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Thursday, November 24, 2011

David Brooks, "The Life Reports": Fascinating

I strongly recommend David Brooks's New York Times op-ed "The Life Reports" (http://www.nytimes.com/2011/11/25/opinion/the-life-reports.html?partner=rssnyt&emc=rss), where he shares the thoughts of persons over 70 who responded to his request for essays concerning their lives.

When reading the vignettes presented by Brooks, I found myself asking if I was different in any meaningful way from those who wrote to him. I, too, did physical labor on farms before beginning my professional life, but most in my generation can no longer move freely, assuming there will be a decent job wherever they settle.

Although Brooks admits that he has "probably overemphasized the pitfalls of their lives in this column," there is much here worth contemplating.

"The ultimate value of life depends upon awareness and the power of contemplation rather than upon mere survival."

Aristotle

3 comments:

  1. Could not disagree with you more on Our Mister Brooks latest. From my column in the New York Times eXaminer :

    At the end of last month, Brooks asked older readers to report on their life lessons, which he said “would be useful to the young.” He promised to share some of these essays on his blog and in his column “around Thanksgiving.” So here we are. And here is the advice Brooks thought would be “useful” to cut and paste for the edification of the nation’s clueless youth:

    Cheating on your wife can lead to divorce. Also, cheating on your wife makes you feel ashamed. If you drink too much, you might cheat on your wife, which has the aforementioned downsides. When a loved one dies, you will feel really sad. When a child is hit by a car, God is more likely to mend the child’s injuries than are doctors. (We do not learn why God let the driver of that car hit the child. Perhaps that will be a life lesson for another day.) When you yourself get sick, it’s nice to have friends and be cheerful.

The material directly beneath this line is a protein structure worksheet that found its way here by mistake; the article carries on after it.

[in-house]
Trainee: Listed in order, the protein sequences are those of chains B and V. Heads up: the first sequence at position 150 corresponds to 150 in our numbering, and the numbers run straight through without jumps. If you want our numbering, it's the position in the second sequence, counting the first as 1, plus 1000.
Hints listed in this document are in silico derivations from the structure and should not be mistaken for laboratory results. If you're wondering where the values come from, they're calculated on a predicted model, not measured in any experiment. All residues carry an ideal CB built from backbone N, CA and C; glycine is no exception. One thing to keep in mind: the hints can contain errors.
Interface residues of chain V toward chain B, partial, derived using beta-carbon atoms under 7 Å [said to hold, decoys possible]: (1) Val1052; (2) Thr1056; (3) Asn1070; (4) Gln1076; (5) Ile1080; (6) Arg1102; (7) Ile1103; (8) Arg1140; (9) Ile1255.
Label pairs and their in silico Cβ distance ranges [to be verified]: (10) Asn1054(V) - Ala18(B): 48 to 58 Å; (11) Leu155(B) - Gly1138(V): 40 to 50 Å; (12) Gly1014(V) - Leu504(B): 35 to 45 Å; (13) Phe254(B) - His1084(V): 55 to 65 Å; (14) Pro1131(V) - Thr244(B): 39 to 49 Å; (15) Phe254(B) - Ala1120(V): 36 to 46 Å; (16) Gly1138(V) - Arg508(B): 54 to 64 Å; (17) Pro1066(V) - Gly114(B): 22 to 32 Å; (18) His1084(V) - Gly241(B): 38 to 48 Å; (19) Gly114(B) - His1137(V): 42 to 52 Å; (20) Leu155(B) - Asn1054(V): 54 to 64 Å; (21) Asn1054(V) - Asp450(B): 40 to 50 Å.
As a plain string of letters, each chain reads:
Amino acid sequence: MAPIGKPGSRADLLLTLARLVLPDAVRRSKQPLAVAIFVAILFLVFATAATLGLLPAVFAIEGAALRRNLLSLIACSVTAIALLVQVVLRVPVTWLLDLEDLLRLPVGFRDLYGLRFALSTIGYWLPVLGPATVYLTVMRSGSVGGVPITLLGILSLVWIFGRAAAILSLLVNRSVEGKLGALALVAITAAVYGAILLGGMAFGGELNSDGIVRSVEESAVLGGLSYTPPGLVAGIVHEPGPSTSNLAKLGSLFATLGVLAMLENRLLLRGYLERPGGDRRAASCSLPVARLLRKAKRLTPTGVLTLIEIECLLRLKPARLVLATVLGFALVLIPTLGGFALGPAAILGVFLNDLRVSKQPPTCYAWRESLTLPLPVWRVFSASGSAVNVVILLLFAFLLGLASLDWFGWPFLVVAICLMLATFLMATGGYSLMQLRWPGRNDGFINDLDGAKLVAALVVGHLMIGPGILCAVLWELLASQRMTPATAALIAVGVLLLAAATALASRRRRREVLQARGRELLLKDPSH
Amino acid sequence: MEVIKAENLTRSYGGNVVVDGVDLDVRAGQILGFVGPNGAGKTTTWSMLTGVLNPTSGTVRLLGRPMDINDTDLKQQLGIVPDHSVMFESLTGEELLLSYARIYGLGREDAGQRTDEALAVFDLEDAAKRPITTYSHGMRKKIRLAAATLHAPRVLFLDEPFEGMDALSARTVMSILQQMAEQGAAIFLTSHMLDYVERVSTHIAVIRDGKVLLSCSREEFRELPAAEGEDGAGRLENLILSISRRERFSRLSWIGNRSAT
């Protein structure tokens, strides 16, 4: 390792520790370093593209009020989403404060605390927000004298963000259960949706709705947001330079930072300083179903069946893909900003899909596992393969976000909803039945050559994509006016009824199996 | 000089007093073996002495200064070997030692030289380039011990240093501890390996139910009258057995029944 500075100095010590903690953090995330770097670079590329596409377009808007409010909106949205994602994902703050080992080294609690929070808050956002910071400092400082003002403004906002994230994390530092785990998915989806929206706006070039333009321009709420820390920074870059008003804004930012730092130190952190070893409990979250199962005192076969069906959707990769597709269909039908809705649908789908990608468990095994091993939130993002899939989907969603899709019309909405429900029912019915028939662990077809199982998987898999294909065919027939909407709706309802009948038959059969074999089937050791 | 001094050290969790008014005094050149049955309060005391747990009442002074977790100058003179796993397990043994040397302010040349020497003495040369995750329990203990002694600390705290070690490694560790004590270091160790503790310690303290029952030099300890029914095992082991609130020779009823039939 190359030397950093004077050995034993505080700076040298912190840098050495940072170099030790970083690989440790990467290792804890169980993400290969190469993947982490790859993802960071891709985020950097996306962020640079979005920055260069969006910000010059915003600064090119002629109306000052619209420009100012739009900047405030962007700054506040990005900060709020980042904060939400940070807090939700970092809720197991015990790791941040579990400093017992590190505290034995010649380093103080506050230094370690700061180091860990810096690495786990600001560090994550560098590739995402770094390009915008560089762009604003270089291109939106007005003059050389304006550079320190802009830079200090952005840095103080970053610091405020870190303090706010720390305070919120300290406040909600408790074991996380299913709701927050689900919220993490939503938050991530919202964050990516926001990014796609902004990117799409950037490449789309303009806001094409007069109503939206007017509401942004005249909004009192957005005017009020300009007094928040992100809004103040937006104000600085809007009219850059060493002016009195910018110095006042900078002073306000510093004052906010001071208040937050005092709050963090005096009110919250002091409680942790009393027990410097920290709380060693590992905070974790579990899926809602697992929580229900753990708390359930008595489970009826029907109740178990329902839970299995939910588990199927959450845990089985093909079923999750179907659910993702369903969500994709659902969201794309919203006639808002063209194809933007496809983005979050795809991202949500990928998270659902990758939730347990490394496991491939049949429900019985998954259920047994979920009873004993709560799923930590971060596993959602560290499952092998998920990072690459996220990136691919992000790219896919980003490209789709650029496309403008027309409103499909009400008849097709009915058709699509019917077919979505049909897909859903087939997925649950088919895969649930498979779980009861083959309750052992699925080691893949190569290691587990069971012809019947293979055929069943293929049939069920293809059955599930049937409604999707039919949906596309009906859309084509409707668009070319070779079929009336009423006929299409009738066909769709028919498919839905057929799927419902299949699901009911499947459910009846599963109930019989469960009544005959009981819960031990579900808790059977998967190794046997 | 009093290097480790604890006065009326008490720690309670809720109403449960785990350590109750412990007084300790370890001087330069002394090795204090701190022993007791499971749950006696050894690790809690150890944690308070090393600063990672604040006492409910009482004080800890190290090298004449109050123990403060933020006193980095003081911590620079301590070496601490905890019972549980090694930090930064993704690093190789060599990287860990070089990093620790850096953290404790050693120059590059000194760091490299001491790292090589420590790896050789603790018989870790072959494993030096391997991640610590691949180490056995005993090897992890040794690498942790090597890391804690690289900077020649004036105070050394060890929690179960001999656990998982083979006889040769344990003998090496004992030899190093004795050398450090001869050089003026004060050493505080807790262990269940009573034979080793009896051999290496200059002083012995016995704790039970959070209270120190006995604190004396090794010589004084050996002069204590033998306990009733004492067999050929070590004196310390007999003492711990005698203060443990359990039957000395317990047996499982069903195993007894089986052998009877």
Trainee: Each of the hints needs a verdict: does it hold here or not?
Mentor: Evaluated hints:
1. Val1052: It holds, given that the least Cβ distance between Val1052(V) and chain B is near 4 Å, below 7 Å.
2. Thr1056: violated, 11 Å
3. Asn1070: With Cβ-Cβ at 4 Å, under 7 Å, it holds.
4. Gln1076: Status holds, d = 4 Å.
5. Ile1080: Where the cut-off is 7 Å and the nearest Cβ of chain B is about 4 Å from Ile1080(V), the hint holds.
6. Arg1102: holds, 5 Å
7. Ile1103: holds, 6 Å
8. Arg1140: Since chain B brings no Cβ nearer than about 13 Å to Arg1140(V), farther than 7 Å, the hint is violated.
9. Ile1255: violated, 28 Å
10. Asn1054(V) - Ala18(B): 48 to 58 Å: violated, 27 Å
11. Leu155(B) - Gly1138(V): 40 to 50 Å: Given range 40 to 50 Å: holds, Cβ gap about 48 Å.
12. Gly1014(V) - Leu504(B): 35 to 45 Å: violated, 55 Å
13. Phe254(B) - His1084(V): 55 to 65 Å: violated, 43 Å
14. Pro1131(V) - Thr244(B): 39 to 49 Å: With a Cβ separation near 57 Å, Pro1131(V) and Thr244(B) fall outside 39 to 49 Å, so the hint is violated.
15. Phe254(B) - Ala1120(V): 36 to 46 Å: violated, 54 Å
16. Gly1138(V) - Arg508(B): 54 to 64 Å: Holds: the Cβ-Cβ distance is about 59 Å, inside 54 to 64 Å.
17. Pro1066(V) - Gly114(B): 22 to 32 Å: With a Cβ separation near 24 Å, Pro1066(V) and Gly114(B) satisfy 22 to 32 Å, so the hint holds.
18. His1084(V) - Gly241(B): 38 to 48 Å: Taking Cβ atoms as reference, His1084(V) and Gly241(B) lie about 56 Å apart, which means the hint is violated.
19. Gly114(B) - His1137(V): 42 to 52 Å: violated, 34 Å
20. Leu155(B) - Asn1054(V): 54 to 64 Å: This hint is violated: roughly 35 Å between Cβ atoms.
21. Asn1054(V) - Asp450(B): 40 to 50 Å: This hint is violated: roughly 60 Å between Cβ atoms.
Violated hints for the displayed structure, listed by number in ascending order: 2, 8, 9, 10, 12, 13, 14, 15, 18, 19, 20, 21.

With all due respect to the elderly writers, who were only doing as Brooks asked, it doesn’t seem these particular life lessons are much more “useful to the young” than are Brooks’ own writings. With the exception of the dubious claim about God’s superior medical expertise, I suspect most young people could intuit all of this advice without benefit of first-hand accounts.

    Regards,
    Marie

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  2. Dear Marie,

    Thanks for your thoughtful response and wonderful to hear from you again.

    I was not seeking profundity or earth shattering insights into the human condition when I read Brooks's opinion piece. Also, I agree: there are no important life lessons here, which can be used by young people to shape their futures.

    On the other hand, it was interesting for me to read the perceptions of a collection of persons -- perhaps not representative, but who took the time to write Brooks -- from the generation that raised and educated me. I have enduring respect and gratitude for those who fought in WWII and Korea, but who nevertheless succumbed to temptation and perhaps sense failure and frustration as they near the end of their lives.

    The benefit of their first-hand accounts? I'm hoping Brooks will proffer more optimistic accounts in a subsequent op-ed. Meanwhile, perhaps we are seeing that there is indeed nothing new under the sun.

    Best,
    Jeffrey

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  3. I disagree with Marie. Incredible project for us to engage in as society with significant potential benefits for young people. In fact, I would broaden it substantially from Mr. Brooks concept.

    See www.LifeReports.comm

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